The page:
Thursday, July 22, 2010

Revisiting The Big Idea, Part 1

In a recent conversation with some church leaders, I was trying to make the point that simplifying what we do increases our focus and power. Dave Ferguson and the leaders at Christian Community Church have approached this problem from a unique angle. The result: "The Big Idea", an action plan that will help you focus the message and sharpen the impact of your church on the community. I've posted about it before, and the book has been out for about 3 years, but it's worth visiting again. Here is a brief glimpse of the problem as they see it, and a sketch of a very workable solution.

Here’s a typical experience for the average churchgoer and his family. Keep track of the “little ideas”:
  1. little idea from the clever message on the church sign as you pull into the church parking lot
  2. little ideas from all the announcements in the church bulletin you are handed at the door
  3. little idea from the prelude music that is playing in the background you as you take your seat
  4. little idea from the welcome
  5. little idea from the opening prayer
  6. little idea from song 1 in the worship service
  7. little idea from the Scripture reading
  8. little idea from song 2 in the worship service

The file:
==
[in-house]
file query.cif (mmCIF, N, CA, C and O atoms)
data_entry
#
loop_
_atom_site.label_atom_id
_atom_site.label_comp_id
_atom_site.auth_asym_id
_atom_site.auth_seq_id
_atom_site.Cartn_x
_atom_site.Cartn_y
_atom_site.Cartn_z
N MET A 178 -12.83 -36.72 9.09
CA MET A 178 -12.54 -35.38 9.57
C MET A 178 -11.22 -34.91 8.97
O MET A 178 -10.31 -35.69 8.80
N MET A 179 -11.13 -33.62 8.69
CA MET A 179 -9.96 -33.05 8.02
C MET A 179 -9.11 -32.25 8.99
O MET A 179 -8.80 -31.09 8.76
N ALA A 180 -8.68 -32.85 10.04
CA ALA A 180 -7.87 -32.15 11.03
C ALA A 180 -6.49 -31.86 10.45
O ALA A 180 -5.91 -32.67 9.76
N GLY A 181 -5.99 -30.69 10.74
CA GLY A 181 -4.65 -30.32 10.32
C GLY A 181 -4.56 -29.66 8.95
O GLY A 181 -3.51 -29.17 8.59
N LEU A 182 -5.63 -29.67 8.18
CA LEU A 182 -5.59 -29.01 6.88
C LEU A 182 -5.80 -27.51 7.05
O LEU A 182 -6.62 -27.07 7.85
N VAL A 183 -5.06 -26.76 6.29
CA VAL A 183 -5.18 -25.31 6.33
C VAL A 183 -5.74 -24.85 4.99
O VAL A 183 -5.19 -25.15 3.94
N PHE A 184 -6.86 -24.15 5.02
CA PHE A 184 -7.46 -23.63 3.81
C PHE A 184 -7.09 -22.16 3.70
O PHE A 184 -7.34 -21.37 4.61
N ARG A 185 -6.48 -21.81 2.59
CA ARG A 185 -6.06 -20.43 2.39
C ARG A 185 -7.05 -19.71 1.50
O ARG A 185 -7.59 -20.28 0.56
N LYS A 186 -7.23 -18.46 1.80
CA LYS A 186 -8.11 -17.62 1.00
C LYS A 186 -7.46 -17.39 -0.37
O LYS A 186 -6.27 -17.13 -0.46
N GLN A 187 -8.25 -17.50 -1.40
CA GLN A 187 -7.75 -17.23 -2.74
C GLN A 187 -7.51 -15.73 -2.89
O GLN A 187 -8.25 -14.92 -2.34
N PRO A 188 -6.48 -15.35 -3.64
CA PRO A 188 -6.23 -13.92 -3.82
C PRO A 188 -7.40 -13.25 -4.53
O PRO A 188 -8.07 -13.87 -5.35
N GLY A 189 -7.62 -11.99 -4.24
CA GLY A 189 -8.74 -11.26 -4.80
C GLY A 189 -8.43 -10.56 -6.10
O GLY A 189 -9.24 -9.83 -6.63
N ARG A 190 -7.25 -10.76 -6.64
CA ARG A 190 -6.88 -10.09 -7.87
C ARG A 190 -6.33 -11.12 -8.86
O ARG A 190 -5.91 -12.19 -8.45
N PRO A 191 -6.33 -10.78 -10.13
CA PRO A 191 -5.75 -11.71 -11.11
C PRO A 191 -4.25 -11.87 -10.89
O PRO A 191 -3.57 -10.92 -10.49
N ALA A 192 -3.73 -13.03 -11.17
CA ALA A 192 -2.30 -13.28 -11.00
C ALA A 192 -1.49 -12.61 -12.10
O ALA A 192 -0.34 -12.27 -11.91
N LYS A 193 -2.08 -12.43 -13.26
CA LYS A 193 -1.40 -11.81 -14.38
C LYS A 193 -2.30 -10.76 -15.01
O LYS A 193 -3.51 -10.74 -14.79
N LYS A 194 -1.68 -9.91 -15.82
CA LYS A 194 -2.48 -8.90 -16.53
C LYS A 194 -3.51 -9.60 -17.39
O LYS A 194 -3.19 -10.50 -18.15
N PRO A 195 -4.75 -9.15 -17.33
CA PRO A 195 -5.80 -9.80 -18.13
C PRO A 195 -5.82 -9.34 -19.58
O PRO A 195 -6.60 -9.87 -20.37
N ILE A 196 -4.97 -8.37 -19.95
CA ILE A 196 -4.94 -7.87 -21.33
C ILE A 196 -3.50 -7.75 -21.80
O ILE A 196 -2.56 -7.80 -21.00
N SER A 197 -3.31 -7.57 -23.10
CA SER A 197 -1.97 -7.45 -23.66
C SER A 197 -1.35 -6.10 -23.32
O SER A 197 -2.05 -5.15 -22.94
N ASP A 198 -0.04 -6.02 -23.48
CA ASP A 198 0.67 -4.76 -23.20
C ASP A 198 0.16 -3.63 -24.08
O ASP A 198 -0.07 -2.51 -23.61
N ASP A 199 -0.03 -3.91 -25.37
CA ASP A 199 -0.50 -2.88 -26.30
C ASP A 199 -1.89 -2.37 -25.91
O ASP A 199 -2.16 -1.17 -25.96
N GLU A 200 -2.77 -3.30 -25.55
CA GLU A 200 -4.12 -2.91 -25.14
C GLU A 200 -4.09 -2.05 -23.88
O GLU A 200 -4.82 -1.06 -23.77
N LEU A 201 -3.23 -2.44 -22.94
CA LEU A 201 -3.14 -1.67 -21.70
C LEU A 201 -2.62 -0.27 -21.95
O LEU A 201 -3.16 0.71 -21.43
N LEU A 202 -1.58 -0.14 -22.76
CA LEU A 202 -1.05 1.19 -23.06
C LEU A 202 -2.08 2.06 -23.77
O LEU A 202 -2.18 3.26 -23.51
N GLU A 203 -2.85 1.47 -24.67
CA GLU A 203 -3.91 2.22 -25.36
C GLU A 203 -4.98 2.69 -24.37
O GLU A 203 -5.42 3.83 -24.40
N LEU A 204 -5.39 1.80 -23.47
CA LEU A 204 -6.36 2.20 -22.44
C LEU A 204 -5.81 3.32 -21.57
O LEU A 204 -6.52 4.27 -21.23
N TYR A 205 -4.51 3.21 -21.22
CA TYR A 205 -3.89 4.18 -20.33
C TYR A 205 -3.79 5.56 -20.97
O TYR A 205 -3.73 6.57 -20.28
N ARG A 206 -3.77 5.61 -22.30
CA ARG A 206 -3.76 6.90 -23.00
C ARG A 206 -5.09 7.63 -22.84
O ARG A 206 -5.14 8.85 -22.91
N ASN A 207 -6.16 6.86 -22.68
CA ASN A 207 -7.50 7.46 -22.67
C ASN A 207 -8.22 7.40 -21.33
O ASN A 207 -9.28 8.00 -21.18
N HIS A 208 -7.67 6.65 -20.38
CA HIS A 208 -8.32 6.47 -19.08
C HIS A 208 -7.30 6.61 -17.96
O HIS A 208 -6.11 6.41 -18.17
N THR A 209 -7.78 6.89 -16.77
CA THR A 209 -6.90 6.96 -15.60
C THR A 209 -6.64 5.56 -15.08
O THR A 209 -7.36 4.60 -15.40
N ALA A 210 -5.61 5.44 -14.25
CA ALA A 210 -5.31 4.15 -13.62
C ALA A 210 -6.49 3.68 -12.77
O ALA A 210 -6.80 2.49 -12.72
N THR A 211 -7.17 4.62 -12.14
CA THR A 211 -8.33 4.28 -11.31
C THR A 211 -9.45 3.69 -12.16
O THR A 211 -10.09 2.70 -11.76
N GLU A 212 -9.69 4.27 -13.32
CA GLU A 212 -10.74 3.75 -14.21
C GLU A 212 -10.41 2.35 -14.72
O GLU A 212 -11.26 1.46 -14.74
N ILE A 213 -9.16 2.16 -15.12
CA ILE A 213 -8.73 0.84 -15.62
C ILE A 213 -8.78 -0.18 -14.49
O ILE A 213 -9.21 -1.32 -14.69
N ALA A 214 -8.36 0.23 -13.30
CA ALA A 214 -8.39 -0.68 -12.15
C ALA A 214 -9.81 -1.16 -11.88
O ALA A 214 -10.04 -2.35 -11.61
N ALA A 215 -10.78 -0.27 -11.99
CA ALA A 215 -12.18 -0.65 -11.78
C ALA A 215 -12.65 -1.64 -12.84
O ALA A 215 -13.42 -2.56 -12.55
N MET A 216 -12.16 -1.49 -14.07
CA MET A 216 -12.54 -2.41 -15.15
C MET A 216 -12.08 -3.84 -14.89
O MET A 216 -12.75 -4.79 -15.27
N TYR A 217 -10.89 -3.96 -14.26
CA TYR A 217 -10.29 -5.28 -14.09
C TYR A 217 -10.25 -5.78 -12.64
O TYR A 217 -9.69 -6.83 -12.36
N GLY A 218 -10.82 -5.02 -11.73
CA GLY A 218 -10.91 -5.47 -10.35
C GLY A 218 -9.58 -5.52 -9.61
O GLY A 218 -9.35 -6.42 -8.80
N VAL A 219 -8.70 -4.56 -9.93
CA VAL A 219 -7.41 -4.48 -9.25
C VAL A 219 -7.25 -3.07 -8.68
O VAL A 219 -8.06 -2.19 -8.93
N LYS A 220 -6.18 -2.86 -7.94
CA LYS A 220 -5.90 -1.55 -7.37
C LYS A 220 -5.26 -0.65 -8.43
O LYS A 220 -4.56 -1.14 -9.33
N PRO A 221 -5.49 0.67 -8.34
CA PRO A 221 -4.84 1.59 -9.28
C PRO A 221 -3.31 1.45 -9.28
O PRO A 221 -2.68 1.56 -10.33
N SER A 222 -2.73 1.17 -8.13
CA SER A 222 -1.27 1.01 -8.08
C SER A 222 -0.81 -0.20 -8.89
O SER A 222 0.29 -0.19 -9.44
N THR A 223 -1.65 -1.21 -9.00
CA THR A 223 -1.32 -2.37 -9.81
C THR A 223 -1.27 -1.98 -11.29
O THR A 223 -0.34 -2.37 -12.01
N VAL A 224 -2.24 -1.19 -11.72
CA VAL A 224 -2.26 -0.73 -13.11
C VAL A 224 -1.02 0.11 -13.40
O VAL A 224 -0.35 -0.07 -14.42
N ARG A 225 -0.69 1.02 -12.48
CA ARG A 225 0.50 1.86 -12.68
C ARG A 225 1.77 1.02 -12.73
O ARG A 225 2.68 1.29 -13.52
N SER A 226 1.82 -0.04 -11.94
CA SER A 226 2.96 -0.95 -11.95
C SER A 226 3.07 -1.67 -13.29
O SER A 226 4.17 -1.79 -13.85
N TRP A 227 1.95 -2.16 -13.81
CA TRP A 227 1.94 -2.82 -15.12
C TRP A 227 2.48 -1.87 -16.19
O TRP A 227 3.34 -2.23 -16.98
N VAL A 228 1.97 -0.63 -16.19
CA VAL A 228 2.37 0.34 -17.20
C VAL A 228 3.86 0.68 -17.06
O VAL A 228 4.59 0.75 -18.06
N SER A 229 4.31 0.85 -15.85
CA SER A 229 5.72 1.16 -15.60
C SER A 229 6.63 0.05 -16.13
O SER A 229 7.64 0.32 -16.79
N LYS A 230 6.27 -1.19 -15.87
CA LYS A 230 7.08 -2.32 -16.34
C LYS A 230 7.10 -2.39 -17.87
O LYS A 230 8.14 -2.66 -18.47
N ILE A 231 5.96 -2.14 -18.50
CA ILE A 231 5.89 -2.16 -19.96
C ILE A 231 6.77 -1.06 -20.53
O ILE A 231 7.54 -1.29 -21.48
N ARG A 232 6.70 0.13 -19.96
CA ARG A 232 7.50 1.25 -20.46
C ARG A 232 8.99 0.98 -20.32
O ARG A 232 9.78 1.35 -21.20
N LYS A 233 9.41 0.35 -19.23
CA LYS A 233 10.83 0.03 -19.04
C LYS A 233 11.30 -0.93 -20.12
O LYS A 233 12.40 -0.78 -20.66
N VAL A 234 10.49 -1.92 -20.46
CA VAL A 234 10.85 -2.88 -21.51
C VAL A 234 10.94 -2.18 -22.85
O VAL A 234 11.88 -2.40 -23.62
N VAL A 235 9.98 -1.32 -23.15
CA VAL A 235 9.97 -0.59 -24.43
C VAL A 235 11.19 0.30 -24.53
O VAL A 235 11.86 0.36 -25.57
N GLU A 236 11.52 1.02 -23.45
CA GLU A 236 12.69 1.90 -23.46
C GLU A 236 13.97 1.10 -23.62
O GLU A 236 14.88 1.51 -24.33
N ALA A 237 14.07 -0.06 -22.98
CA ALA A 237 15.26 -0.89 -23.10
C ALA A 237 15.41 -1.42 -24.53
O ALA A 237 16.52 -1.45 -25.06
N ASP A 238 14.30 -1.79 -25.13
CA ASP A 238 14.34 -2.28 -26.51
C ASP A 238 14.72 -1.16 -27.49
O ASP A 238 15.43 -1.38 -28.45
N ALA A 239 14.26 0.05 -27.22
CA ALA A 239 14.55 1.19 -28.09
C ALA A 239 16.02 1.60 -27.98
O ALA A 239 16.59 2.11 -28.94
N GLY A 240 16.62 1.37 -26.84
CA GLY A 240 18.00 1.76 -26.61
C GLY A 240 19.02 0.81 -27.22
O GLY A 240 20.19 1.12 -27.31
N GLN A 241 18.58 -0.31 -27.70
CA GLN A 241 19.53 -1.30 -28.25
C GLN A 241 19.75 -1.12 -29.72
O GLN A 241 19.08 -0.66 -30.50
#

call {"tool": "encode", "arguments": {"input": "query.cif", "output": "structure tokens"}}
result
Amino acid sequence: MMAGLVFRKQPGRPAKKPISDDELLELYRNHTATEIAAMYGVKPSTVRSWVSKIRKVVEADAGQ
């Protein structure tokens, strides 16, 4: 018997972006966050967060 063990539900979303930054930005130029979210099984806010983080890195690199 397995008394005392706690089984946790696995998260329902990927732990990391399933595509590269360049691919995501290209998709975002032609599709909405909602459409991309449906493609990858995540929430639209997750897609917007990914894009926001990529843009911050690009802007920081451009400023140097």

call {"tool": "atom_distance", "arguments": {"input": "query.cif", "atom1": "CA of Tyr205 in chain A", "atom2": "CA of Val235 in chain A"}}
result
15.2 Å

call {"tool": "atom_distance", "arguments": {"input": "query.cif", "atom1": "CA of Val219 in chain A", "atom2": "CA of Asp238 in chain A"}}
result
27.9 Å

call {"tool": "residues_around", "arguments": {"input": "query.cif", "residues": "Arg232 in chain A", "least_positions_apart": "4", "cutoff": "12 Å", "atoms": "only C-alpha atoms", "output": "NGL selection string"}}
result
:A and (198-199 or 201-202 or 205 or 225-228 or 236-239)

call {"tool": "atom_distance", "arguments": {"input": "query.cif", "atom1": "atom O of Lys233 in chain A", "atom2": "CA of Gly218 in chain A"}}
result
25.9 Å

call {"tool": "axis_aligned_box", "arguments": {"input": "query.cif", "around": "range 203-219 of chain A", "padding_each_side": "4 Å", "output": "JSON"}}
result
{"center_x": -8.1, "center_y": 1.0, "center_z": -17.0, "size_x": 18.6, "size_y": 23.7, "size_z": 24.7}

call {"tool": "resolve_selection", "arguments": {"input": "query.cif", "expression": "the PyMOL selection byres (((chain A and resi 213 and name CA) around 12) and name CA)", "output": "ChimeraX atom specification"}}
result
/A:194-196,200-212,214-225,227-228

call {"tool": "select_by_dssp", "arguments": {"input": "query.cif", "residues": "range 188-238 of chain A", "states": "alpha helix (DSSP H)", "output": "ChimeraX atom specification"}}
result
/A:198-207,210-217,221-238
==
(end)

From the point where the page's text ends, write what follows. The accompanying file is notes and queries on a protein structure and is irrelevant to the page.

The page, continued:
9. little idea from the special music
  10. little idea from the offering meditation
  11. little idea from the announcement
  12. little idea from the first point of the sermon
  13. little idea from the second point of the sermon
  14. little idea from the third point of the sermon
  15. little idea from song 3 in the worship service
  16. little idea from the closing prayer
  17. little idea from the Sunday school lesson
  18. little idea from (at least one) tangent off of the Sunday School lesson
  19. little idea from the prayer requests taken during Sunday School
  20. little idea from the newsletter handed out during Sunday School

Twenty and counting. Twenty different competing little ideas in just one trip to church. Easily! If a family has a couple of children who attend a children’s church, and everyone attends his or her own Sunday school class, we could quadruple the number if little ideas. One family could leave with more than eighty competing ideas. And if we begin to add in youth groups, small groups, and a midweek service, the number easily doubles again. It’s possible that this one family is bombarded with more than one thousand little ideas every week explaining what it means to be a Christian.

We’ve bombarded our people with too many competing little ideas, and the result is a church with more information and less clarity than perhaps ever before.

The lack of clarity that churches give their people impedes the church’s ability to accomplish the mission of Jesus. “More” results in less clarity.

It is one Big Idea at a time that brings clarity to the confusion that comes from too many little ideas.

Tomorrow: Part Two of "The Big Idea"

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